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VAN WERT COUNTY, Ohio (WFFT) - Linda Holden doesn't live in the area anymore, but she remembers what it was like in the 1950's.
"Julia and Betty were two of the siblings apart of the Brown family. They were in our class at school. We were a small school. In our day, they participated in everything. They were in all the activities. We weren't aware of any prejudices against them or their color, but when we went on our class trip, we attended New York City and Washington D.C and our superintendent and his wife Fern always accompanied the students on the class trip," Holden said.
Betty and Julia were black and belonged to the brown family the same family Harvey Brown belonged to. He was the oldest remaining relative to the last known black family there. He died at 78 in 2010 according to the Van Wert Times Bulletin.
Holden said it wasn't until that class trip that she witnessed segregation first hand.
"On the class trip, it was preplanned that superintendent wise and his wife would take Betty and some other classmates went with her.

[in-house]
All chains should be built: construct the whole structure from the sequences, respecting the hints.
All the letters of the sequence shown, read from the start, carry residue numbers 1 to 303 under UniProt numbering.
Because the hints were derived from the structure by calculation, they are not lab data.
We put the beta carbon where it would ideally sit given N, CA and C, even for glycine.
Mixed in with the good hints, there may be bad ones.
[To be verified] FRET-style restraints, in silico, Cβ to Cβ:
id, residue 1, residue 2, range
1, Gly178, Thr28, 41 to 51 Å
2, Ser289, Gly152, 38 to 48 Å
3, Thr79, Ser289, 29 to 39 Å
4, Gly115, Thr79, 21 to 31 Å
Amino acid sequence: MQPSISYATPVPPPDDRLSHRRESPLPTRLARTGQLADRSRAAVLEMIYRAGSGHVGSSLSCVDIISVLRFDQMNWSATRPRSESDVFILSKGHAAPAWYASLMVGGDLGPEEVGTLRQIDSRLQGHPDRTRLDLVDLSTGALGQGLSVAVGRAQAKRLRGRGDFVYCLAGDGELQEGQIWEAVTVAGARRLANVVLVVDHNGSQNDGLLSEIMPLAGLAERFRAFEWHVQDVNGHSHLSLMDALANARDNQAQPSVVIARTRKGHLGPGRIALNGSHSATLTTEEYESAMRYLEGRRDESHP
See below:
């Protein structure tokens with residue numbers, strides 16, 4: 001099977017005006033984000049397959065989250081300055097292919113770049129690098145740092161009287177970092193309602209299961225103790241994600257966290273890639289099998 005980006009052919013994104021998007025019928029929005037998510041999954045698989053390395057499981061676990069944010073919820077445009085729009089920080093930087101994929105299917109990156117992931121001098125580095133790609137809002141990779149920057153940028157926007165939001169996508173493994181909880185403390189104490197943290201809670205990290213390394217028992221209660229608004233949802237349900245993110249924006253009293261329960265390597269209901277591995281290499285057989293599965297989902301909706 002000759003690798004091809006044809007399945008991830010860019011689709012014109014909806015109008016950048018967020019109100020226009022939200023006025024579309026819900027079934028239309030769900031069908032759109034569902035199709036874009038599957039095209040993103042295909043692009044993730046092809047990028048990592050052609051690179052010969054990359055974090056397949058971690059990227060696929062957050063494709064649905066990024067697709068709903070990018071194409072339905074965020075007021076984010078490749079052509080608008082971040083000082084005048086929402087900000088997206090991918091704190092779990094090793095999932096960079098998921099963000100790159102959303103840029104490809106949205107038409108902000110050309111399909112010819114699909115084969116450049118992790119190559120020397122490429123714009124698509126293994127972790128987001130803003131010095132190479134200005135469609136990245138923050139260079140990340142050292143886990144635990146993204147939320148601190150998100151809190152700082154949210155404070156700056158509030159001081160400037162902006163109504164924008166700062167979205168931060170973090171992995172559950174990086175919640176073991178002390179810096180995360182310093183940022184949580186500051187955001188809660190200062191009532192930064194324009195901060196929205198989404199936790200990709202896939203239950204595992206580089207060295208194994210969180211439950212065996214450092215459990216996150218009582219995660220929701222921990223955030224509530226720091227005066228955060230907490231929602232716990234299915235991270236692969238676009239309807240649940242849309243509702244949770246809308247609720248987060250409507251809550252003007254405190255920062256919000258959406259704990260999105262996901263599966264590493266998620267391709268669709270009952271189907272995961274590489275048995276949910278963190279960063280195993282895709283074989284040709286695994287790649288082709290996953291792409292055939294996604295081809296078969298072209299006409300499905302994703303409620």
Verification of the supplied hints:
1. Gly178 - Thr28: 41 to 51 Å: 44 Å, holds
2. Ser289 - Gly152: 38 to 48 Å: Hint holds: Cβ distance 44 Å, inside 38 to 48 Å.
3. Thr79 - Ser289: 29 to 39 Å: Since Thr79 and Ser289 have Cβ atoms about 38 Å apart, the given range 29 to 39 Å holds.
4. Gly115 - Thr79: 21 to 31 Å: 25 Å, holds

They had activities for her to attend while we were attending the other activities. That was really our experience of knowing that there were places they weren't allowed in because in our community that was not the case," she explained.
In Wren, Ohio, not too far from Willshire, there's a historic cemetery where an old dirt road leads to once shared by two of the oldest black churches.
No one really knows what happened to the rest of the descendents, but those who live in Van Wert County refer to the local history book called "District of Greenwood to Wren" that tells of the first 318 freed slaves to live there.